Tarrytown, which sits high on a hill and has majestic views of the Hudson River, claims as a native son none other than Washington Irving, the author of “The Legend of Sleepy Hollow” and other spooky tales. Its sister village, North Tarrytown, voted to rename itself Sleepy Hollow in 1996. So a visit to both villages is worthwhile, especially asHalloween looms and Irving’s tales come to life — at least in the imagination. Take the Hudson Line on Metro-North from Grand Central Terminal to Tarrytown.
10 A.M. Grab a cab at the train station and head to Philipsburg Manor, 381 North Broadway in Sleepy Hollow, (914) 631-3992, a national historic landmark. (Get a card from the driver; you’ll need a ride back.) In the late 17th and early 18th centuries, the manor was a farming, milling and trading complex. A visit ($12; $6 for children 5 to 17) is a trip back in time, complete with staff members in period costume, like the miller dressed in breeches and stockings who makes stone-ground corn. (A bag costs $3.) The farm also has historical breeds of oxen, cows and sheep, and you can tour the 300-year-old manor house and learn, among other things, the lesser-known story of slavery in the North. This weekend and next, the manor will hold special Halloween events for children, like pumpkin carving and the telling of ghost stories.
11:30 A.M. From Philipsburg Manor, walk across Route 9 (North Broadway) and one block north to Sleepy Hollow Cemetery, 540 North Broadway, (914) 631-0081. You won’t be able to cover all 90 of its historical acres, but you can easily find gravestones etched with old Dutch names like Vanderbilt and Van Rensselaer. The cemetery maps can also direct you to the graves of the famous, including Andrew Carnegie, Brooke Astor, Leona Helmsley and Irving himself, whose family plot is set off by a wrought-iron fence. The beautiful Old Dutch Church, built in 1685, abuts the cemetery, and has its own burial grounds. Both the church and the cemetery were featured in Irving’s work.
1 P.M. Take a cab from Sleepy Hollow to Main Street and Route 9 in Tarrytown. For lunch, some local residents gravitate to Lefteris Gyro, 1 North Broadway, (914) 524-9687, for reasonably priced Greek dishes like Avgolemono, an egg-lemon soup with rice and chicken ($4 large), or the homemade yogurt, served with honey and walnuts ($4.25). For a really casual feel, consider Lubins-N-Links, 29 Main Street, (914) 909-4198, for all-beef hot dogs ($2.75 with two toppings) served with homemade sauces like “Dad’s ‘Jubee’ onion sauce” and “Mama’s spicy kraut.” On weekends, try the “teenie weenies,” which look like pigs in a blanket.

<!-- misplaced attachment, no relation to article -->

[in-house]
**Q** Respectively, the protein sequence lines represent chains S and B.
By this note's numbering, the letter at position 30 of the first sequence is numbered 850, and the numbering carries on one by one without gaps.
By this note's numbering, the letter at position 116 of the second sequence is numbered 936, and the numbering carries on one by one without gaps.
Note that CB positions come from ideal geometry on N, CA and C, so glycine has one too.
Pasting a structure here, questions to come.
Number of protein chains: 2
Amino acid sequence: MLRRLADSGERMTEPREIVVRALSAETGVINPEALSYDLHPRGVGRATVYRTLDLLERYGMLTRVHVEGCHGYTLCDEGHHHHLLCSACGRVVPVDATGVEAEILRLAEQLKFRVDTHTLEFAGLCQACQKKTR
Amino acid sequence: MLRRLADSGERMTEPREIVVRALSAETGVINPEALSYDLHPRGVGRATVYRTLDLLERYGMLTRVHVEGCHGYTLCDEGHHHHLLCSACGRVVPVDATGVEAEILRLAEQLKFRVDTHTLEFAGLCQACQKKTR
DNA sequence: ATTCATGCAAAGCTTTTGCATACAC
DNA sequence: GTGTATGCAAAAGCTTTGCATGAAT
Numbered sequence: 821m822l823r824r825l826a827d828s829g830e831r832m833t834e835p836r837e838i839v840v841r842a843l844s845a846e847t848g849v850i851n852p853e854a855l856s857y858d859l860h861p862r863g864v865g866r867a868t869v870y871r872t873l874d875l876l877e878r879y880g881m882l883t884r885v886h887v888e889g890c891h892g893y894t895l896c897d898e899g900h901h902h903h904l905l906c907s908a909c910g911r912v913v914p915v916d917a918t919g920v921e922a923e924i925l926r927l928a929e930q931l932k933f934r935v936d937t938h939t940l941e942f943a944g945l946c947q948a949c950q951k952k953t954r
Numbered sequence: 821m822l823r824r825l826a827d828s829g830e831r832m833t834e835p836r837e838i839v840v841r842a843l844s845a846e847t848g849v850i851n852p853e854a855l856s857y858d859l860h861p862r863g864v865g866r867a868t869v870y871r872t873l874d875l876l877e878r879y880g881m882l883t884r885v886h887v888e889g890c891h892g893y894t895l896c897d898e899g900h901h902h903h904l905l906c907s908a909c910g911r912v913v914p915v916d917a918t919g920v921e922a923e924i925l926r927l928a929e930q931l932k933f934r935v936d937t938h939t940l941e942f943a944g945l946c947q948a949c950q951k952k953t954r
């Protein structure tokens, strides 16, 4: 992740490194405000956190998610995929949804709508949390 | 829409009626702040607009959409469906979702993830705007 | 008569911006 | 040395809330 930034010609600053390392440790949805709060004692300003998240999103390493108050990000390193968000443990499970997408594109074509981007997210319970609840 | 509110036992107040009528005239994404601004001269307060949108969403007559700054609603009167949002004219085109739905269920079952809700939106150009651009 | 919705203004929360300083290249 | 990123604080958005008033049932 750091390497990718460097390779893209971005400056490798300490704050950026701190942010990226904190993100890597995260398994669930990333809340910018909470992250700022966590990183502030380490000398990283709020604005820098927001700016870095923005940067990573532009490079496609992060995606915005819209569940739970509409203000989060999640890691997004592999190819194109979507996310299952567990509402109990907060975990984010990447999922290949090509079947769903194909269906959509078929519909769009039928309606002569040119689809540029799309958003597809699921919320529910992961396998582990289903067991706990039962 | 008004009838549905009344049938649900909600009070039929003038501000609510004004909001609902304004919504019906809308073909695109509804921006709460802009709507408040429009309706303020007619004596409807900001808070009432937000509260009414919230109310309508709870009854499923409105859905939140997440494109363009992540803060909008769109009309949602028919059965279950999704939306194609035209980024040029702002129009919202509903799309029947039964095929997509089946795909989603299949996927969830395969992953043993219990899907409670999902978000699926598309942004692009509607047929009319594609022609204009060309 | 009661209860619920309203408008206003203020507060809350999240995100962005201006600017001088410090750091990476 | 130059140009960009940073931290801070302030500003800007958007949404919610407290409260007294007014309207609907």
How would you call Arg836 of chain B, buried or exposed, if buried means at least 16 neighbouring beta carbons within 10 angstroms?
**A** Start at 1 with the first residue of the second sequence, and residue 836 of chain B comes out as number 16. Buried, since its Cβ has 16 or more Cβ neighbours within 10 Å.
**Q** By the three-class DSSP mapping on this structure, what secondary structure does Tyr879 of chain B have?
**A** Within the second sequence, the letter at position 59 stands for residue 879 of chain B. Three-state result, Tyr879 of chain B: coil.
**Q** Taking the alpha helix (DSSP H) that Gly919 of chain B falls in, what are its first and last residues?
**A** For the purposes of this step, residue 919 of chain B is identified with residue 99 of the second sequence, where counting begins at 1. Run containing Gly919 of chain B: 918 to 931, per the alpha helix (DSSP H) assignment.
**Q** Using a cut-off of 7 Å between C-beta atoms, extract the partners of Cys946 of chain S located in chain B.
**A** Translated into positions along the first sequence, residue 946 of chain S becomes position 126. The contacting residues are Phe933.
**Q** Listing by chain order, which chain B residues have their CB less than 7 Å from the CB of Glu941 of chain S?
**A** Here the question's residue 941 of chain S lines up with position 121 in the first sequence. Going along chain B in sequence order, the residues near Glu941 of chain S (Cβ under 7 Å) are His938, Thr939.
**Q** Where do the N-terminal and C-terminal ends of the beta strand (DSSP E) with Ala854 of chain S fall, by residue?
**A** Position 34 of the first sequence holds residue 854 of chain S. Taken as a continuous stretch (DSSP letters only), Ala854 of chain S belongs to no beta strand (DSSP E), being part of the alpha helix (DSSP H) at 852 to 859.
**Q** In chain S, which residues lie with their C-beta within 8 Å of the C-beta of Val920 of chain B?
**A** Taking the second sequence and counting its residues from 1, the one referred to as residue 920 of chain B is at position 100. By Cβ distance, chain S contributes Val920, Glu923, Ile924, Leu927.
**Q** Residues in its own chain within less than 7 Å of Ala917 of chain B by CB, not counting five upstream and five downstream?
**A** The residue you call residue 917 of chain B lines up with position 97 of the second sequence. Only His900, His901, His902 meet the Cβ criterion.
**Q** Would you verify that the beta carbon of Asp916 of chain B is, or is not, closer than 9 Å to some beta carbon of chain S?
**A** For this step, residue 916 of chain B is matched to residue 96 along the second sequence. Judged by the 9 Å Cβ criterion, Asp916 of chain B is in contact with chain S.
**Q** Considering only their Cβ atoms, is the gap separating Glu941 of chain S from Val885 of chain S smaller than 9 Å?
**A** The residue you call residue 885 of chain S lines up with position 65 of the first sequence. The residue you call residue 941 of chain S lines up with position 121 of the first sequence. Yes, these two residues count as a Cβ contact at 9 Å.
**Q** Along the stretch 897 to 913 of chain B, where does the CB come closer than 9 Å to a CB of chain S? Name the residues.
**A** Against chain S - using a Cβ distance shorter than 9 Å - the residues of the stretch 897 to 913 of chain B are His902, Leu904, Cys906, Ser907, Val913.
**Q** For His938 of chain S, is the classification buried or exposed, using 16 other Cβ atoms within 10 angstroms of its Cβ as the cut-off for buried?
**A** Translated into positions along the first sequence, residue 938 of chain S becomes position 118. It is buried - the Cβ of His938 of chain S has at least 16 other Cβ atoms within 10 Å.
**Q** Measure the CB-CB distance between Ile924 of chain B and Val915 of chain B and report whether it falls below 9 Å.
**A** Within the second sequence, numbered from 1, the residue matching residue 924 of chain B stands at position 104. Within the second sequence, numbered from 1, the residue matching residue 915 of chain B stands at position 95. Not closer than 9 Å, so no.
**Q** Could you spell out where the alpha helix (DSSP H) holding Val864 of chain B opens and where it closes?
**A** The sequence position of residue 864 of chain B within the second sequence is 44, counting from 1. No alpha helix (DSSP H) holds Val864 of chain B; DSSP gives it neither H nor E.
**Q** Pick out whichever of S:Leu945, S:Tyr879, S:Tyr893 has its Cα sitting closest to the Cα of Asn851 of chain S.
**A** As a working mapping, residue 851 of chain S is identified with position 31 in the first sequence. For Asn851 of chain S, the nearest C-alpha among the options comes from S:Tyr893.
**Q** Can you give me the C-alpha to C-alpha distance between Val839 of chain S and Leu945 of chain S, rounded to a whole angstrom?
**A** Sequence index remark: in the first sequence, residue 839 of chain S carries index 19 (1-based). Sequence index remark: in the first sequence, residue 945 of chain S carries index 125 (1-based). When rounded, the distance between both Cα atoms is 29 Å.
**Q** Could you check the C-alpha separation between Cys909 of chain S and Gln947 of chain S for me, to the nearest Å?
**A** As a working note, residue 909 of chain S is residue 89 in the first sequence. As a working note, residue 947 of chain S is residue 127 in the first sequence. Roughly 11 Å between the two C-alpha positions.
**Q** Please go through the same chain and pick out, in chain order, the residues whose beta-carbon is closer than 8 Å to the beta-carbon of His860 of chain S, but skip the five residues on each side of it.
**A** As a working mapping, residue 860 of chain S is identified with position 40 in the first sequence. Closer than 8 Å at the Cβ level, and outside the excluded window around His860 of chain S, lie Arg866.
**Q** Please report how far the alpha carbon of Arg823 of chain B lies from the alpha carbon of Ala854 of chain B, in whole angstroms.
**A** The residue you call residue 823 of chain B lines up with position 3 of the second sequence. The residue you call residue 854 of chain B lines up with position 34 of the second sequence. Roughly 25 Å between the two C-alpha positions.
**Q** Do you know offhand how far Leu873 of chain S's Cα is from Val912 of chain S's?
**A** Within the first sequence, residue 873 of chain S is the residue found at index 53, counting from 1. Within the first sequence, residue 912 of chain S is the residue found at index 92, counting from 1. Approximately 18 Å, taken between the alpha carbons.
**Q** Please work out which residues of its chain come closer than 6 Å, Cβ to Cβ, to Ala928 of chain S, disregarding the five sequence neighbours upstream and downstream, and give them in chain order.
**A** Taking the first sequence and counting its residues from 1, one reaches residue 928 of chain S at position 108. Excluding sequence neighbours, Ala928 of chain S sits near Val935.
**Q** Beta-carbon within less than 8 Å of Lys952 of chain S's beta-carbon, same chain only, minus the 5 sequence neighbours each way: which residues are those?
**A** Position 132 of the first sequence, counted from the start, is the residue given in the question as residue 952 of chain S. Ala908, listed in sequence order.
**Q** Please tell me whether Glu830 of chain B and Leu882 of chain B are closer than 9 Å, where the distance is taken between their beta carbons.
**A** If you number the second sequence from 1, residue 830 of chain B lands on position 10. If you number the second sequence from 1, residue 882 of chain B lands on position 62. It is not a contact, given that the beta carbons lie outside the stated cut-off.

2:30 P.M. On a recent episode of TV’s “Mad Men,” Betty Draper took her children shopping for antiques in Tarrytown. She could do the same today. Main Street is dotted with a half-dozen charming stores crammed with furniture, lighting fixtures, paintings and more. Try Michael Christopher Antiques, 23 Main Street, (914) 366-4665, which specializes in lighting (a gorgeous English Regency chandelier priced at $5,200 sits in the window), or the less expensive Carol Master Antiques, 10 Main Street, (914) 332-8441.
4 P.M. Snack time. Coffee Labs Roasters, 7 Main Street, (914) 332-1479, a cozy spot with a huge coffee roaster in its center, offers an array of coffees, teas, smoothies and pastries. The place usually has a couple of dogs lying around; it offers free dog biscuits. Humans can sample the homemade Mallomar-style cookies in mocha, raspberry and other flavors ($2.15). Children in tow? Try Main Street Sweets, 35 Main Street, (914) 332-5757, for its homemade ice cream. The shop always has seasonal offerings — and an apt choice these days is its pumpkin ice cream ($2.95). Once fortified, walk down the long, steep hill of Main Street, which takes you back to the Tarrytown train station.